The Outstater: Why not Import a Mayor?
by Craig Ladwig
The mayor of my city is an average fellow. That is said in a good way. He can relate to the regulars of any neighborhood tavern. And except for the occasional Republican challenger, he has a nice word for everyone. He is a man who clearly means well.
Our mayor’s previous jobs don’t fall into any neat occupational category. It is fair to say that he is a professional politician. Since election, though, he has been branching out, growing in office. He has mastered a sort of venture capitalism, giving our money to large businesses that succeed and taking money from small businesses that, hmm, fail.
More impressively, the mayor has become an epidemiologist. He knows that our town won’t suffer the same increase in infectious diseases as did other towns experiencing an influx of refugees. Indeed, the mayor is confident enough of his medical know-how to join other Indiana mayors in asking the Obama administration to send us more such individuals.
And it goes without saying that he is an expert in foreign policy and national security. He can assure us that the State Department, working with the relevant “friendly” governments, is capable of vetting Mideast émigrés so that we don’t end up with a neighbor converting his garage into a bomb factory.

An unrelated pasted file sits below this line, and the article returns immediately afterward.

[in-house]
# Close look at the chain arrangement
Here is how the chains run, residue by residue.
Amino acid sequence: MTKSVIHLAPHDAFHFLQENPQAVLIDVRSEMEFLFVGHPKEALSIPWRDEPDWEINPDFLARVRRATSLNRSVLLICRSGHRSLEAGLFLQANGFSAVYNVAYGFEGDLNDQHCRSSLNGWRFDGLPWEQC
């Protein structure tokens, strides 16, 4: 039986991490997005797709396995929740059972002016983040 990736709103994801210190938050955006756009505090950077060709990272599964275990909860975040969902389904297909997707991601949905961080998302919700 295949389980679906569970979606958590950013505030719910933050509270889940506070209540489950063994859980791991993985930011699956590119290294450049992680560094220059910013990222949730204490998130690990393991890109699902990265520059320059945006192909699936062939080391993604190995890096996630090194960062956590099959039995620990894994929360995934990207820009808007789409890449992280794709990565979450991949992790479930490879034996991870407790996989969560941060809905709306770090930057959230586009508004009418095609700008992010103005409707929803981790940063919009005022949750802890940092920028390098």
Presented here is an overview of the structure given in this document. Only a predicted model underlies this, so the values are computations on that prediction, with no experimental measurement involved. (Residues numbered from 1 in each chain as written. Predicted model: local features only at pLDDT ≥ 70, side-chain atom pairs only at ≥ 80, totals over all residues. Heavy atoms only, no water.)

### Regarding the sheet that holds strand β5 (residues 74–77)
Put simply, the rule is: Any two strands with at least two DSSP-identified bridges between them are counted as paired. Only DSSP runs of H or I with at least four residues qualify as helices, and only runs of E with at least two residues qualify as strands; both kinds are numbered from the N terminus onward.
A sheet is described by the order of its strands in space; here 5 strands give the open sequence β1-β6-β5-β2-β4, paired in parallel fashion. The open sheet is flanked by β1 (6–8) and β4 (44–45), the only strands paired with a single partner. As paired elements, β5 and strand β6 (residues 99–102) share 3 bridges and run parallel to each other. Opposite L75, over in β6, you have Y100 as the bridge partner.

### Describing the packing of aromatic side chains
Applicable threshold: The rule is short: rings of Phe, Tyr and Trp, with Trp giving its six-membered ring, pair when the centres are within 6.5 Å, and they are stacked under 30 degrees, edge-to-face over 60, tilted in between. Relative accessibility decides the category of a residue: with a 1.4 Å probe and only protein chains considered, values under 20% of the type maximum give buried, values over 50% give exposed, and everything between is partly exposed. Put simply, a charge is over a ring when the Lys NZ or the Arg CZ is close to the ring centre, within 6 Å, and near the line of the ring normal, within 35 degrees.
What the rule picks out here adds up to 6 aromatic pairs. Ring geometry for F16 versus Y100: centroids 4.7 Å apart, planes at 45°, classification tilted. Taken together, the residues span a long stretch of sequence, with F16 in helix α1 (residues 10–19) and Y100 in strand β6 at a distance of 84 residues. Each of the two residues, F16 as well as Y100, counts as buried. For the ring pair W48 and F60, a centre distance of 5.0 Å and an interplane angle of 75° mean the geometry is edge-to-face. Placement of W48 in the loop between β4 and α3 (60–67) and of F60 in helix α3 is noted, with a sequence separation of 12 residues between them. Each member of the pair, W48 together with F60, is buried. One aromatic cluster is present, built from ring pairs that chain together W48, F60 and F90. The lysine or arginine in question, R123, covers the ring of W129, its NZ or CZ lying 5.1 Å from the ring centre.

Indeed, the mayor is convincing (we reelected him) that importing foreign nationals as prospective citizens is on its face a good idea. But that begs a question, a flippant one some might say: Why not import a mayor as well?
I have one in mind. He is Hernando de Soto Polar from Lima, Peru. He has a defined profession, is an actual expert in something, an economist known for his work in businesses creation and the effect of secure property rights. That all is expertise our town could use right now (along with street repair, sewage maintenance, fiscal management, transparent bookkeeping and other mundanities).
Señor De Soto spearheaded reform in Lima that reduced both the time and cost of buying a piece of property from six years on average (207 steps at 52 governmental offices) to 45 days (30 steps and four governmental offices). Costs of a property title dropped from $2,156 to $62. Overall, the bureaucratic costs of business were cut by 99 percent. His reforms lowered the cost of entering business from 300 days to just one day.
The result has been that his country experienced a 12-percent growth rate, among the highest in the world at the time. And he didn’t need crony capitalists or a governor’s $40-million Regional Cities campaign to do it. Quite the contrary. We will let De Soto explain the success:
“Businesses were channeling their natural competitive zeal into establishing close ties with the political and bureaucratic authorities instead of into a contest to serve consumers better. A legal system whose sole purpose is redistribution is one that benefits neither rich nor poor, but only those best organized to establish close ties wiIl ensure that the businesses that remain in the market are those which are most efficient politically, not economically.”
Just think what a mayor like that could do to fix pot holes.
Craig Ladwig is editor of the quarterly Indiana Policy Review.
— Craig Ladwig